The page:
Maximum heart rate formulae can be used to help you plan and monitor your exercise program, but they should not be interpreted as absolute limits or goals. If you want to train to become faster by increasing your maximum heart rate, you should follow a program based on “stress and recover”. To increase your maximum heart rate, you need to become short of breath at some time during your exercise. However, when you exercise at high intensity, you damage muscles and have to allow time for them to recover. If you don’t allow muscles to recover, you can become injured and can develop an overuse syndrome in which you are exhausted and won’t be able to exercise at all.

My Recommendations

I believe that all healthy people should use some variation of a stress-and-recover exercise program, in which they damage their muscles by going a little harder and faster on one day, then feel soreness in their muscles and go much slower on the next day. When their muscles feel fresh again, they can take another intense workout. For example, a runner may warm up by going slowly and then run a little faster for 50 strides, then slow down until he recovers his breath and his muscles feel fresh, and then alternate the faster and slower runs until his legs start to feel heavy or hurt. On the next day, his muscles should feel sore and he either takes the day off or runs very slowly. He should try to set up a program in which he goes faster on one day and much slower on the next.

• A hard day means getting short of breath and feeling some burning in your muscles.

• An easy day means that you do not become short of breath and should not feel muscle soreness as you continue to exercise. If your legs feel heavy after you warm up, take a day off from exercising.

• You don’t need to know your maximum heart rate.

• You don’t need to use a maximum heart rate formula to govern your training.

• You don’t need a heart rate monitor.

• All training should be governed by how you feel.

• Never train intensely when your muscles feel worse as you continue to exercise.

Caution: People who have narrowed arteries leading to the heart can suffer heart attacks when they exercise intensely. All vigorous exercisers must learn when to back off of training because not allowing enough time to recover from hard exercise can damage your heart muscle as well as your skeletal muscles. Check with your doctor before beginning an exercise program or making a sudden change in the intensity of your existing program.

SEPT 7

Exercisers Should Follow a Heart-Healthy Diet

A study of 798 asymptomatic and apparently healthy master athletes (runners, cyclists, triathletes, rowers and hockey players), 35+ years old, who exercised fairly vigorously 3-7 days a week, found that 10 percent had greater than 70 percent blockage of the arteries leading to their hearts (BMJ Open Sport & Exercise Medicine, 2018;4 (1):e000370). This does not mean that exercise increases risk for a heart attack. Exercise helps to prevent heart attacks, but exercise does not prevent plaques from forming in arteries. This study reminds us that even master athletes should follow a heart healthy diet.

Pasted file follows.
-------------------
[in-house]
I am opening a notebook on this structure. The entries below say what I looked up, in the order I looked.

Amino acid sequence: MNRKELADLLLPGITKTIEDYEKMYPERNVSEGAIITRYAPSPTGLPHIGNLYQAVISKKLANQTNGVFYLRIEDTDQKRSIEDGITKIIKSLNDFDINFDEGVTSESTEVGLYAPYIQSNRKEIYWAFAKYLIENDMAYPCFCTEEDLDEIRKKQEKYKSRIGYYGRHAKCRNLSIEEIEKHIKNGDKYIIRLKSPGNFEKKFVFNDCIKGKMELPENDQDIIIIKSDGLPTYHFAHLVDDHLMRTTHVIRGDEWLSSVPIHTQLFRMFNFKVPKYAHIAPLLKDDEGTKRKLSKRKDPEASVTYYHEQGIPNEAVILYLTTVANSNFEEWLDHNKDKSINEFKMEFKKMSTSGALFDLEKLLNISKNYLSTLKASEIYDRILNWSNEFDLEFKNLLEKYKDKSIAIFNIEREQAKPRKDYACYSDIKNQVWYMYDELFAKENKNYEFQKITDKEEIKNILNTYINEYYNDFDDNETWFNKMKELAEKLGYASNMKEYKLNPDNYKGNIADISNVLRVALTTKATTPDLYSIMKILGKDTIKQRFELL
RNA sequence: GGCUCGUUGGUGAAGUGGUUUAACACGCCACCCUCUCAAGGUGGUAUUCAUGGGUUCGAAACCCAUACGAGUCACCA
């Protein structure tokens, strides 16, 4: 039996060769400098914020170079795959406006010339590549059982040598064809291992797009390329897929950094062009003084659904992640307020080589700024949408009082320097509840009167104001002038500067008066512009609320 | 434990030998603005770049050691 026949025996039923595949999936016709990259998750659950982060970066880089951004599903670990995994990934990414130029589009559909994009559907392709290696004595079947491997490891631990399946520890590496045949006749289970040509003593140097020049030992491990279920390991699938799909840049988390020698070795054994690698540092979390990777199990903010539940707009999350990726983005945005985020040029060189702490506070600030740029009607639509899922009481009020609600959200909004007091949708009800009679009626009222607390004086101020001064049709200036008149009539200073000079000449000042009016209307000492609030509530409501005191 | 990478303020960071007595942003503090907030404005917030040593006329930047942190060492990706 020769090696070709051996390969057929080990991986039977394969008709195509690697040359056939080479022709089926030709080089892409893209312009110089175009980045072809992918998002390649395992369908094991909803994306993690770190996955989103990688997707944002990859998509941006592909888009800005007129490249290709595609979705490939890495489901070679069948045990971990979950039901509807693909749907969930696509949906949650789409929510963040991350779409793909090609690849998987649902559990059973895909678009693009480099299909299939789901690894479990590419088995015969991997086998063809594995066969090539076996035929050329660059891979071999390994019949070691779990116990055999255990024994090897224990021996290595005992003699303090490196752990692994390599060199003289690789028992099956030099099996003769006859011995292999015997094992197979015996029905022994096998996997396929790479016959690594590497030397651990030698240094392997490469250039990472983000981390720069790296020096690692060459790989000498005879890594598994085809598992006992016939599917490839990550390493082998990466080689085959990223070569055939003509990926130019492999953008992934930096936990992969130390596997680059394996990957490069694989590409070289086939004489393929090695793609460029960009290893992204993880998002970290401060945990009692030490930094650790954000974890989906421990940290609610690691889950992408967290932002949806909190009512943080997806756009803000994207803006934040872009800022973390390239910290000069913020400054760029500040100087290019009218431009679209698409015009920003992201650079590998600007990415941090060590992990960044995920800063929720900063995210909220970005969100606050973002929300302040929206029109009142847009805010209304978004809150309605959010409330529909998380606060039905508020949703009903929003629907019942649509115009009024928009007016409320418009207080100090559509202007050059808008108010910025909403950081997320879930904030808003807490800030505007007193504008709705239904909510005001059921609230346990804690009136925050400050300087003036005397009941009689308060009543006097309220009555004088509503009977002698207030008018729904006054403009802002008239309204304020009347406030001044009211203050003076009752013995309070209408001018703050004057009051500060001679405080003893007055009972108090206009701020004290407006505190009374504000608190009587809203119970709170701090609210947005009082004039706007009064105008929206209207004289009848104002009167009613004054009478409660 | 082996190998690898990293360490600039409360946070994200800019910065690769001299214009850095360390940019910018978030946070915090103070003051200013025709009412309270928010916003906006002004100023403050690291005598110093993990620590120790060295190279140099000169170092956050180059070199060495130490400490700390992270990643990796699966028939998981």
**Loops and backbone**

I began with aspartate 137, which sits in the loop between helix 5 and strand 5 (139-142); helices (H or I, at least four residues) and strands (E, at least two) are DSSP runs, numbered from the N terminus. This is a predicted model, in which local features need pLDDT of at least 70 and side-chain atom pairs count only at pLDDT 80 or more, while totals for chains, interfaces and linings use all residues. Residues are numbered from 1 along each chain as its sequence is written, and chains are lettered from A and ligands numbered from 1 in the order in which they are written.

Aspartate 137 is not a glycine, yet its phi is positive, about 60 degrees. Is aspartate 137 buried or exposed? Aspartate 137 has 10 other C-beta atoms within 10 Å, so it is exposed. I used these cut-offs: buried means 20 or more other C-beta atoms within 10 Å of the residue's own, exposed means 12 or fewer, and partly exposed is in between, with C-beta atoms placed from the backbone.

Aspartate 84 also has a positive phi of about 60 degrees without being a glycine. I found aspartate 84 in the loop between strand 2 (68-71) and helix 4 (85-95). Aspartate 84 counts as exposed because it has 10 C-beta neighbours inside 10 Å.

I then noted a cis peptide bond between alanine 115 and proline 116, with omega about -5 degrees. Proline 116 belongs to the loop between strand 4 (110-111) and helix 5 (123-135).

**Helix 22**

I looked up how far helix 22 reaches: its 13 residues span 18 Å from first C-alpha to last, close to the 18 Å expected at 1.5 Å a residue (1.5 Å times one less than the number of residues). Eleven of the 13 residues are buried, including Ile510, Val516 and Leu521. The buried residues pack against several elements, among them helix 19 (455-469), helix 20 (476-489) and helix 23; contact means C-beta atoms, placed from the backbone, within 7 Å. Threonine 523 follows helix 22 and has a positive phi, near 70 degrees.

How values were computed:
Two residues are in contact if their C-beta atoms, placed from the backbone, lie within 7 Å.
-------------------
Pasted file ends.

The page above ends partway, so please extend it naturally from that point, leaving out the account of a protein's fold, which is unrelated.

Heart attacks are not caused by narrowed arteries. They are caused by plaques suddenly breaking off from a heart artery, followed by bleeding, and then a clot forms that suddenly and completely blocks all blood flow to a part of the heart muscle. The part of the heart muscle suddenly deprived of oxygen then dies, which is a heart attack. Exercise helps to prevent heart attacks by making plaques more stable so they do not break off as easily. However, a healthful diet, not exercise, prevents plaques from forming. Everyone should follow a heart-healthy diet, especially if you have risk factors for a heart attack such as:

• a family history of heart attacks

• chest pain

• irregular heartbeats

• a big belly (particularly if you also have small buttocks)

• high blood pressure

• high cholesterol

• high blood sugar

Amount of Exercise Does Not Determine Amount of Plaques

A group of men over 60 who had run marathons for 26-34 years and completed 27-171 marathons had plaques in their arteries in amounts that were related to their own risk factors for heart attacks and not to the number of miles or marathons they had run (Med & Sci in Sports & Ex, July 17, 2017). This suggests that plaques in arteries are not related to the amount of endurance training, but are caused by other factors such as a pro-inflammatory diet, high blood pressure, high cholesterol or tobacco use.

A Diet to Prevent Plaques

Master athletes burn a lot of calories, so they can be expected to eat more food than sedentary people do. If they eat a lot of sugar or a lot of meat, they can expect to have plaques in their arteries. A diet that is high in vegetables, fruits, whole grains, legumes and nuts is associated with reduced risk for cardiovascular disease, while less healthful diets that are high in sweets, refined grains, juices, red meats and processed meats are associated with increased risk (Journal of the American College of Cardiology, July 2017; 70(4)).